This isn’t Hall’s first experience with an unorthodox religion.

His mother is a Young Earth Creationist, a fundamentalist Christian group that rejects evolution, takes the Bible literally and believes the universe is no more than 10,000 years old.

Hall attended church three times a week and wasn’t allowed to own a radio because it played the devil’s music, he said.

Growing up in Ypsilanti, Hall rejected the group’s beliefs and other religions he studied. But he liked some parts of faith: the fellowship and way members helped the dispossessed.

What if you took God out of it, he wondered. What if there was a group where you could be spiritual without following a specific religion.

“There has to be other people who think like me, are like me,” he said.

Musing about starting such a group, he became ordained in 2001 through the Universal Life Church.

The online church describes itself as the only religion that ordains anyone who wants to be. There’s no charge or training, just paperwork.

Hall never got around to starting a group. He eventually moved to Tennessee, married a woman with three kids and, in 2010, his wife was diagnosed with lupus.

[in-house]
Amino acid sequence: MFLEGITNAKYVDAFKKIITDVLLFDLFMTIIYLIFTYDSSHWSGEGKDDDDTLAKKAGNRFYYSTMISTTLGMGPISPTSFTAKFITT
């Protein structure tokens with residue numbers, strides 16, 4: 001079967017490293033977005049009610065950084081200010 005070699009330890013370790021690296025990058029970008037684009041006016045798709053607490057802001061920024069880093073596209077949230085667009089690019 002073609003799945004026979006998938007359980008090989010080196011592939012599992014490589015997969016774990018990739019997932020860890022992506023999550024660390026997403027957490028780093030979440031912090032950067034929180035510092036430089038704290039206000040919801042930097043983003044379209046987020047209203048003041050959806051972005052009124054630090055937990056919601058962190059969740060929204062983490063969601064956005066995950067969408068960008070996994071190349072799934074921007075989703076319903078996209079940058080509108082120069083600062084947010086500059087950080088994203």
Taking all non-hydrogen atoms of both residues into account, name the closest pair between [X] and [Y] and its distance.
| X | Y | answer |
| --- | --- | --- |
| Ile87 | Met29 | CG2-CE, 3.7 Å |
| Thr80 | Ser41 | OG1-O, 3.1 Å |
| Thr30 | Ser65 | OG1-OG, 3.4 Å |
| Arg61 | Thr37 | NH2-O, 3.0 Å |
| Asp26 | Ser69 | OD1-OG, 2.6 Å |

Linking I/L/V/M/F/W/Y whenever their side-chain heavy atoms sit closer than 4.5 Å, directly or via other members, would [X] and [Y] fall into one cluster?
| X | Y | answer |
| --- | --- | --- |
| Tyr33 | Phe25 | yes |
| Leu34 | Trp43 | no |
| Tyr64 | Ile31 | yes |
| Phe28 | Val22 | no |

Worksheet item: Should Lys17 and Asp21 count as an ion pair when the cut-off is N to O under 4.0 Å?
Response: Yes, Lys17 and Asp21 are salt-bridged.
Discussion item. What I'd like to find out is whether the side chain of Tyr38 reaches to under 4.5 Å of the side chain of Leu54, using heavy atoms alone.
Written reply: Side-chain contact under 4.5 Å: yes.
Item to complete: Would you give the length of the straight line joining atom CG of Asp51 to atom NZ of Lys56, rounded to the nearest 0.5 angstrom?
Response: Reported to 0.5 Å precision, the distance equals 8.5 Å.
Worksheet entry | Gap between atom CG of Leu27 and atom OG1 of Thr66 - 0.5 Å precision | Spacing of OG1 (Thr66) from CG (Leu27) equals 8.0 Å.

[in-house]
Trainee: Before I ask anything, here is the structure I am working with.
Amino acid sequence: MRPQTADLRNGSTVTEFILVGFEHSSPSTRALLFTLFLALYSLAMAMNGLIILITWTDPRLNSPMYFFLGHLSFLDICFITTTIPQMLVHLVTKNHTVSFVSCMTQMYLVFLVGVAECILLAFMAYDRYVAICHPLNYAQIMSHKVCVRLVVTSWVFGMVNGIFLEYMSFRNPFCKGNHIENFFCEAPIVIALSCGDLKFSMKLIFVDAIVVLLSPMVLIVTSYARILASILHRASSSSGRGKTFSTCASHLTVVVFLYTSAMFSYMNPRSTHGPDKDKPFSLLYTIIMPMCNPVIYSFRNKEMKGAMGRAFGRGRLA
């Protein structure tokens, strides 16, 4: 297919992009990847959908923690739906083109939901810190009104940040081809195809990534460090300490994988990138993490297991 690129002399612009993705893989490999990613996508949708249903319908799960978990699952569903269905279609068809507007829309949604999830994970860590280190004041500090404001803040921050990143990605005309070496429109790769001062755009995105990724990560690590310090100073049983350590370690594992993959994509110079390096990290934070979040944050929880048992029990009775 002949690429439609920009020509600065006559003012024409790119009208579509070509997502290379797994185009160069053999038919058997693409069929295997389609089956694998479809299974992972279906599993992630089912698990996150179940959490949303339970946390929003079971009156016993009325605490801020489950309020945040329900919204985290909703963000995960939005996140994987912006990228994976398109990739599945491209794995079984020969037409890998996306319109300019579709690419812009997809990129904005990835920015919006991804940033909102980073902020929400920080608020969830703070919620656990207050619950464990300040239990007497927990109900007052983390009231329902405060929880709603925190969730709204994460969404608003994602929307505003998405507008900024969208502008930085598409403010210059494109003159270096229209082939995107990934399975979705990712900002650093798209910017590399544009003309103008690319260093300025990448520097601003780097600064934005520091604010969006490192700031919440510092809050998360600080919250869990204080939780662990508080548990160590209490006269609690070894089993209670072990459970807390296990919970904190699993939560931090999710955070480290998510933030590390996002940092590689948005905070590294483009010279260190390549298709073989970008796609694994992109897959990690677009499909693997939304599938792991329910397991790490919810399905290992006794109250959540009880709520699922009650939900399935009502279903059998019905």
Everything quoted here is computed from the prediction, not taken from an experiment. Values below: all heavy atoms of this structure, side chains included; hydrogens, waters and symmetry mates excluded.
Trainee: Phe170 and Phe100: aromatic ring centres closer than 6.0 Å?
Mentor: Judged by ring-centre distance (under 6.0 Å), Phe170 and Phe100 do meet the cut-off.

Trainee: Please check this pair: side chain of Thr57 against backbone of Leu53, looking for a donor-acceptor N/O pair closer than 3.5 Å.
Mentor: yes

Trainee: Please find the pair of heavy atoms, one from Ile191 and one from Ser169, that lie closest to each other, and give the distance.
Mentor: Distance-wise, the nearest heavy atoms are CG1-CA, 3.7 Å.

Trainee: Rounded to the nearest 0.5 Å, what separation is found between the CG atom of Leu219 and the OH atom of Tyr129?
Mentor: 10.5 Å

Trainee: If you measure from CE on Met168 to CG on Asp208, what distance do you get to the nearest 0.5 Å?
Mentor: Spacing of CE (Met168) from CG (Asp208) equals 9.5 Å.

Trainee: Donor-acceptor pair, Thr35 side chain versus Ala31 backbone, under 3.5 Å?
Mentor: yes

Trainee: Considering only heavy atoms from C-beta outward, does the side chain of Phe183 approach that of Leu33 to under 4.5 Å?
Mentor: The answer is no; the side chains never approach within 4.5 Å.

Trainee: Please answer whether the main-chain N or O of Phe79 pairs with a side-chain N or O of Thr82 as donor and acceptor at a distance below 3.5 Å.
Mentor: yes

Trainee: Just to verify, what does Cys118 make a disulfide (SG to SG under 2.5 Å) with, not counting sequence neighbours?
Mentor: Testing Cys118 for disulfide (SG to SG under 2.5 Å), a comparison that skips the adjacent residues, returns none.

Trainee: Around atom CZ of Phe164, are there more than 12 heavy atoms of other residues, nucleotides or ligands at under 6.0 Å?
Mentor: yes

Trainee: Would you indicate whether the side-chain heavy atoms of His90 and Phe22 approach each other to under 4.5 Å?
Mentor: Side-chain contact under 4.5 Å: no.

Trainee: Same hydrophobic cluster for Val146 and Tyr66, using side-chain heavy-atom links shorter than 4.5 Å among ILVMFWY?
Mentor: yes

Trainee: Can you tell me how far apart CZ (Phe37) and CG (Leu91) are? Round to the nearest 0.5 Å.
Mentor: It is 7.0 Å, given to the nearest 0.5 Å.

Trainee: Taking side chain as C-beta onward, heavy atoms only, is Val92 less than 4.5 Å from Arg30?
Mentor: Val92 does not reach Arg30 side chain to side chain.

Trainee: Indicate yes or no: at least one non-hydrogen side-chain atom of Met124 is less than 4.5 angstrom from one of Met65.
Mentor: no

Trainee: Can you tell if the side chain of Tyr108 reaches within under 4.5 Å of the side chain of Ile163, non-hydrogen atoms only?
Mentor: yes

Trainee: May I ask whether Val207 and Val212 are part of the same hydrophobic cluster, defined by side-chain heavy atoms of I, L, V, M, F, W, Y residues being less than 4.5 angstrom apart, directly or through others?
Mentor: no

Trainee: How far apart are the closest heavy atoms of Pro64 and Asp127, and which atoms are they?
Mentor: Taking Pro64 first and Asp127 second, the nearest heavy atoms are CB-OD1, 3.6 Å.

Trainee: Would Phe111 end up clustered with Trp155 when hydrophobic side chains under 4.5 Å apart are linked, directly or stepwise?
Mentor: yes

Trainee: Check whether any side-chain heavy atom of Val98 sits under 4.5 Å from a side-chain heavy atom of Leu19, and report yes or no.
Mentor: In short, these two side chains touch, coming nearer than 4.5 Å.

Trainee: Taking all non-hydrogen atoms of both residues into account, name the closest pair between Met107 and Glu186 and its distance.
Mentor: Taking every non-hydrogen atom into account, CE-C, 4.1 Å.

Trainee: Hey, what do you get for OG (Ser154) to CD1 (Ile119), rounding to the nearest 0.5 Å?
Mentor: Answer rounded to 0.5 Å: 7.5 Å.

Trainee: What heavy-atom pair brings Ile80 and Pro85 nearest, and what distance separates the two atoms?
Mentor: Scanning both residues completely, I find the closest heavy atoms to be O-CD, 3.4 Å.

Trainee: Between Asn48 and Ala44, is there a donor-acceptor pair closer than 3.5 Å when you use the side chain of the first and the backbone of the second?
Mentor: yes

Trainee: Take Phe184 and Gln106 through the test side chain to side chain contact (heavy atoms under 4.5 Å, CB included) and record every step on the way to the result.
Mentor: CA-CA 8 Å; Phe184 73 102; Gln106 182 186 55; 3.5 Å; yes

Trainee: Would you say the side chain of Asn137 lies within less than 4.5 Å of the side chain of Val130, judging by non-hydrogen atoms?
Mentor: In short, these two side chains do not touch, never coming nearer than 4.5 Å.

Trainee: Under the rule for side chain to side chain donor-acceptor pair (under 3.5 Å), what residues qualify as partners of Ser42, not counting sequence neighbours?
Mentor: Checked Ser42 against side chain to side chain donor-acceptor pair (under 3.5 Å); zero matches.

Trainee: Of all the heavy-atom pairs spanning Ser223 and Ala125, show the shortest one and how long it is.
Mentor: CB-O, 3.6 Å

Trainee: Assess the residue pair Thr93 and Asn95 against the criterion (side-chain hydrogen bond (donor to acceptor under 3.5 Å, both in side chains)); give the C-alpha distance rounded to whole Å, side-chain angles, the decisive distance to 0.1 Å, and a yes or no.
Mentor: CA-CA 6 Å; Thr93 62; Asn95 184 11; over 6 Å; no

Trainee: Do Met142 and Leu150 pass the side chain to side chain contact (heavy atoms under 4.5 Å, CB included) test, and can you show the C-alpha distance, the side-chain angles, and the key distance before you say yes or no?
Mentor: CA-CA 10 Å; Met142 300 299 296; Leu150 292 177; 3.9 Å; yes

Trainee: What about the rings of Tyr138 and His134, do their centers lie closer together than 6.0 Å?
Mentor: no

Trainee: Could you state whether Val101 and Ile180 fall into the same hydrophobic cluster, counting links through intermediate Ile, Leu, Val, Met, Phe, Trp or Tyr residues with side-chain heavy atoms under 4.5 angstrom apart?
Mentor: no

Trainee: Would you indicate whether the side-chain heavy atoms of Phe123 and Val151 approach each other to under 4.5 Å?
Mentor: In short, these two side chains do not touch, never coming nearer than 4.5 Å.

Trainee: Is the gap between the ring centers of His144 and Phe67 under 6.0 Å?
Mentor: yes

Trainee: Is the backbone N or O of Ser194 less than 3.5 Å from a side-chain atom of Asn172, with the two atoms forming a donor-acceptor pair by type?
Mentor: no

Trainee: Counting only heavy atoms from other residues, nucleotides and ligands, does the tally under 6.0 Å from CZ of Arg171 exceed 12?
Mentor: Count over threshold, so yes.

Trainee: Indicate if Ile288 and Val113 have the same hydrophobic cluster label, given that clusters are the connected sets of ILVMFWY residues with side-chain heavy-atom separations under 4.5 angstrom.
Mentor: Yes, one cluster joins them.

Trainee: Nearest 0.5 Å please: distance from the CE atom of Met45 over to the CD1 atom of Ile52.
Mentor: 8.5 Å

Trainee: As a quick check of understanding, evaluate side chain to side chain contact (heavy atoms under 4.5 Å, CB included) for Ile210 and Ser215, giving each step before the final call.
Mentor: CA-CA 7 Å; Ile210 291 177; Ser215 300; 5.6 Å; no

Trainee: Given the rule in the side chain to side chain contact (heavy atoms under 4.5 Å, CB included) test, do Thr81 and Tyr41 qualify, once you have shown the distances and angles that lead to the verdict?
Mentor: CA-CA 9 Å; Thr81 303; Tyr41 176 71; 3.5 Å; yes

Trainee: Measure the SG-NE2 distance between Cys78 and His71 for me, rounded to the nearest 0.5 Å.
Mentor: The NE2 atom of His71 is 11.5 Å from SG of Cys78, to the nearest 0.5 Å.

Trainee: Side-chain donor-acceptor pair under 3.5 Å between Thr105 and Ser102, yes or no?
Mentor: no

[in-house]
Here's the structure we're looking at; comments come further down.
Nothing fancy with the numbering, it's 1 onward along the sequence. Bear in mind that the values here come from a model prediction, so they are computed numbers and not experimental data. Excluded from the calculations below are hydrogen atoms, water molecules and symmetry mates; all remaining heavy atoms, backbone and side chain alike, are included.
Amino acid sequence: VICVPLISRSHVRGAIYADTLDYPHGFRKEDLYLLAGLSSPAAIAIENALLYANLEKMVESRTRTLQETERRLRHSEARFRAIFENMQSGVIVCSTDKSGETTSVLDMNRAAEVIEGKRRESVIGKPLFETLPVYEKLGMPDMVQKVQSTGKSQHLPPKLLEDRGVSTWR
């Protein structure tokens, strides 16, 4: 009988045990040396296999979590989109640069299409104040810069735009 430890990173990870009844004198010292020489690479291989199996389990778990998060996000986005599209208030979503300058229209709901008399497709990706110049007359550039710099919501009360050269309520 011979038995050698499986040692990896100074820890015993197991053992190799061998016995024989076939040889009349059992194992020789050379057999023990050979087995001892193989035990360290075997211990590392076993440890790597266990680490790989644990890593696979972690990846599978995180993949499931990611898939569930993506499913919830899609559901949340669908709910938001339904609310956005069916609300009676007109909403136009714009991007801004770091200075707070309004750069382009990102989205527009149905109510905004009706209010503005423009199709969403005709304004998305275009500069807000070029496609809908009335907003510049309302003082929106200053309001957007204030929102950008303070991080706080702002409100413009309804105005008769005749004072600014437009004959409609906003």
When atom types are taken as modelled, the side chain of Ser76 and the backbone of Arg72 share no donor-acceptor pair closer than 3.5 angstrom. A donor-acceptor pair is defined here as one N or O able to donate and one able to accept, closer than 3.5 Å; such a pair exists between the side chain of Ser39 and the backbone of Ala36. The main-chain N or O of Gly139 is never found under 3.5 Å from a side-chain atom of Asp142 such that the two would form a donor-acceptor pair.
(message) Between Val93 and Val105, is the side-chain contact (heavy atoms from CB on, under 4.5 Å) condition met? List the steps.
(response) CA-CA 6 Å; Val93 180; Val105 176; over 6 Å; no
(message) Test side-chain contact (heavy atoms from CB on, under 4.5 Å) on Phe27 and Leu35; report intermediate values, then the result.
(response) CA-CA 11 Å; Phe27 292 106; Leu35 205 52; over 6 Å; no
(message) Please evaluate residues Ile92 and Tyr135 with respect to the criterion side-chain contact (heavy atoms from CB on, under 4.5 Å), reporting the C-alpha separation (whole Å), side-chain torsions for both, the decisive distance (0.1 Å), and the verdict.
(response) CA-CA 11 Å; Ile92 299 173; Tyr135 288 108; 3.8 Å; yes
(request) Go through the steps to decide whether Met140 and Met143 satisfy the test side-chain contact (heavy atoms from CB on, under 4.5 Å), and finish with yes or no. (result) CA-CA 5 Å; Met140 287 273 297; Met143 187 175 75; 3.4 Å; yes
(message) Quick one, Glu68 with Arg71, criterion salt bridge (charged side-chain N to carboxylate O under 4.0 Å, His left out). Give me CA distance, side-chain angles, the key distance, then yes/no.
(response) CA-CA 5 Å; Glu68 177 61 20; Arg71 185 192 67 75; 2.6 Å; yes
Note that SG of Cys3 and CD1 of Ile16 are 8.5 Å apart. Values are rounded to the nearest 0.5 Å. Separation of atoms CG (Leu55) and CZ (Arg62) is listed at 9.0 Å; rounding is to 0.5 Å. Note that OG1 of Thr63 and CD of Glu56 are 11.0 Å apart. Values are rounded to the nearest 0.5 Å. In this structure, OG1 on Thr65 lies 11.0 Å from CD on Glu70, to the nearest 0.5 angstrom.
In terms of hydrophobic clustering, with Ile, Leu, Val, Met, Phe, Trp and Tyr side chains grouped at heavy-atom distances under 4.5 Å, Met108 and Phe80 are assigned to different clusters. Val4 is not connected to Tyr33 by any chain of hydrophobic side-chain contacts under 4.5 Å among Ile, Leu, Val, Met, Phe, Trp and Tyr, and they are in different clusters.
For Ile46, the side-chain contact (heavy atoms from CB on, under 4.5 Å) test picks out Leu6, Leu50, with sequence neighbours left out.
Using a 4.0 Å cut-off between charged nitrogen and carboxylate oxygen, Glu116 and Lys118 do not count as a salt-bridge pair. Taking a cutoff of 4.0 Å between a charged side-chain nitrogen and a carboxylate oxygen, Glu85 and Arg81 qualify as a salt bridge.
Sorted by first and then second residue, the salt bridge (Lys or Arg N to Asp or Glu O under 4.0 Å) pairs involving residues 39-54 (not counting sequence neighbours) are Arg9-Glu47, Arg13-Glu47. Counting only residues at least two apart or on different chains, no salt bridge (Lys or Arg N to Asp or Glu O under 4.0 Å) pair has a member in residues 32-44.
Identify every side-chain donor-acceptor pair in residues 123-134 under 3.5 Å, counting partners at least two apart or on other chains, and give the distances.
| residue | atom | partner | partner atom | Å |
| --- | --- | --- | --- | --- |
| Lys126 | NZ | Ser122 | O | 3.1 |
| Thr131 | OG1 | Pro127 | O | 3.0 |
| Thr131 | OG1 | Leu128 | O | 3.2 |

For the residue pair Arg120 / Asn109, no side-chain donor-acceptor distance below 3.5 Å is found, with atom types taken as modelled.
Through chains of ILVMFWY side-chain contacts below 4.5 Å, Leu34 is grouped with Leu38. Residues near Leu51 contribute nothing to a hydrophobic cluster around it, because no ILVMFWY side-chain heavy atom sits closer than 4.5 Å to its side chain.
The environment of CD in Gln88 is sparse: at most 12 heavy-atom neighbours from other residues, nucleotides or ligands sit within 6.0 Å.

Two years later, the family moved to Jackson so his wife, Regan, could take advantage of the Michigan law allowing the medical use of marijuana.

Hall became Jackson County coordinator of MI Legalize, which failed in its attempt to put a proposal on the November ballot that would allow recreational pot use.

He also dusted off his old idea of starting a non-religion religion, this time centered on the drug.

The mission is serious

First Cannabis Church isn’t the first marijuana church in the U.S.

The First Church of Cannabis formed last year in Indiana in response to the state’s religious freedom law. Leader Bill Levin named himself Grand Poobah and enacted commandments called the Deity Dozen. Number One: “Don’t be a (blank).”